Dogs and wolves compared: did domestication make dogs less sharp-witted?

Domestication of the wolf led to the evolution of the dog, man’s best friend that integrated itself perfectly in to family life. But, how did the nature of canid change by being influenced by man in comparison to its wild relative? A recent study published in the Royal Society journal Biology Letters seems to answer this complex question in part. 

The experiment testing the intelligence of wolf and dog 

Monique Udell, scholar of Oregon University, focused on the wit of the quadrupeds creating a singular test for 10 domestic dogs, 10 wolves and 10 dogs from an animal shelter. The thirty specimens had to sharpen their wits to access a food reward: in order to pass the test, a box had to be opened to get the treat inside. The wolves had the most remarkable result – 8 out of 10 implemented the required solution and opened the box – this success was in complete contrast to the mediocre performances of the dogs: only 1 out of the 20 dogs tested completed the task, with most seeking help, confirmation and a command from the owner.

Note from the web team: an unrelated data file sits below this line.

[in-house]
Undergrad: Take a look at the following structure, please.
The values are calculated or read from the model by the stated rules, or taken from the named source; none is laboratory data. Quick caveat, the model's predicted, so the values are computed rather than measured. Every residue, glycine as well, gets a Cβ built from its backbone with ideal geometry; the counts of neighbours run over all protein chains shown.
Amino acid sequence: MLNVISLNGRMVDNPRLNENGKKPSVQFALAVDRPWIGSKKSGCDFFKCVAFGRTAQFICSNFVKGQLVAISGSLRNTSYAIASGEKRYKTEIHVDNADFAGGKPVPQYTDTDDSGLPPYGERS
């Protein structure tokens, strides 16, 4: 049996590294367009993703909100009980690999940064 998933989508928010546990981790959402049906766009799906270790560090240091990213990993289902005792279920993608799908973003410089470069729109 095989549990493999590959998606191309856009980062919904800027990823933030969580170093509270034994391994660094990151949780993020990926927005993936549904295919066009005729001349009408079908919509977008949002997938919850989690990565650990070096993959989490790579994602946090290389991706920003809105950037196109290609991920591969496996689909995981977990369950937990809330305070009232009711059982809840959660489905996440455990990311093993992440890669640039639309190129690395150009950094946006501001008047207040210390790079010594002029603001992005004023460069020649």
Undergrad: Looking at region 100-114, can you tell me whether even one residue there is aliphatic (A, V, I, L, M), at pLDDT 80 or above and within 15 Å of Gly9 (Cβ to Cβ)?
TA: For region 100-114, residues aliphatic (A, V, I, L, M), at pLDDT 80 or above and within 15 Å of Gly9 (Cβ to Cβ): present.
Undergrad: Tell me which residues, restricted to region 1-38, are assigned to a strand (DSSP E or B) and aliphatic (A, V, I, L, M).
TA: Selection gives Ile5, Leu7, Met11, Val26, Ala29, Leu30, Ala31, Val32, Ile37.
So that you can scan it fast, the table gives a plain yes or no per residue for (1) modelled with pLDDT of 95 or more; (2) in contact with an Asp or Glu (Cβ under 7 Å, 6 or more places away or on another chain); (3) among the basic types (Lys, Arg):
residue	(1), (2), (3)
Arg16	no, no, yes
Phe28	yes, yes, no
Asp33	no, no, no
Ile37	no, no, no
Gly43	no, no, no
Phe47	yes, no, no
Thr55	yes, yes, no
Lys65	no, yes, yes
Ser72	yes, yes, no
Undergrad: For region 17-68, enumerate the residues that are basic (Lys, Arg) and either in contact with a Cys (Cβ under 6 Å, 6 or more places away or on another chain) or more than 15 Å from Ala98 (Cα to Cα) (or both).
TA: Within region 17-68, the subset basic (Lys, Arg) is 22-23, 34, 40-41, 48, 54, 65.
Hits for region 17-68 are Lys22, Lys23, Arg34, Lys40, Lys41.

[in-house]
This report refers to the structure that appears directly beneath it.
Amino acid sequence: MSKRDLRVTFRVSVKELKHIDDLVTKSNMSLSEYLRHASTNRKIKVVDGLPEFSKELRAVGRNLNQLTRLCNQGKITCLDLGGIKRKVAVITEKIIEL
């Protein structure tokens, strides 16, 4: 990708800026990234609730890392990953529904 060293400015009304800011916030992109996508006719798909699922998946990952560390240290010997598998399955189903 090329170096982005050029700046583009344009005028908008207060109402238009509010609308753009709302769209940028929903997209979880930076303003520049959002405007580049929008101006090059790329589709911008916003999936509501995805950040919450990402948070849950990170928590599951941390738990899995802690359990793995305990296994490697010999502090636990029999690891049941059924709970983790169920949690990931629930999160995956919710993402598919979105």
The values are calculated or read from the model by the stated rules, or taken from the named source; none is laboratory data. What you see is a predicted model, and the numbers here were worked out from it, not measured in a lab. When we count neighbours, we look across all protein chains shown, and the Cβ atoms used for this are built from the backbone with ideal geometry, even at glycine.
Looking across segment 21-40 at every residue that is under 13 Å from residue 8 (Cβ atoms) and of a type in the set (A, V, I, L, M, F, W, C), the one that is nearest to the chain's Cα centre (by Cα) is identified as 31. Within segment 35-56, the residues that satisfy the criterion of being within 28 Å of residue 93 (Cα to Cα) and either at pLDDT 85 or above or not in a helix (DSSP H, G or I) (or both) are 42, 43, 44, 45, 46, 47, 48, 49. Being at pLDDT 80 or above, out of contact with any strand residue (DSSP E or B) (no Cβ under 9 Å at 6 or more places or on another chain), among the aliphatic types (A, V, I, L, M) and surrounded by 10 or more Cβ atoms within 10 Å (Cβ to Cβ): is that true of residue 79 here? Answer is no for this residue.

Dog and wolf: intelligent in a different way

This unique study provides further evidence of the influence the human pack leader has over the domestic dog, which has a developed a strong social intelligence in order to interact successfully with its owner. The differences with the wolf in terms of wit and ability to solve problems are substantial: the predator tends to rely only on itself, just like it has for thousands of years in nature, both in hunting and in the management of the dynamics of the pack.

However, to conclude that the domestic dog is ‘less intelligent’ than its wild ‘cousin’ due to the long process of domestication seems simplistic and superficial. According to the scholar and author of this experiment, not only should this matter be further investigated, but every dog, the same as any wolf, represents a separate case in terms of attitudes and responsiveness.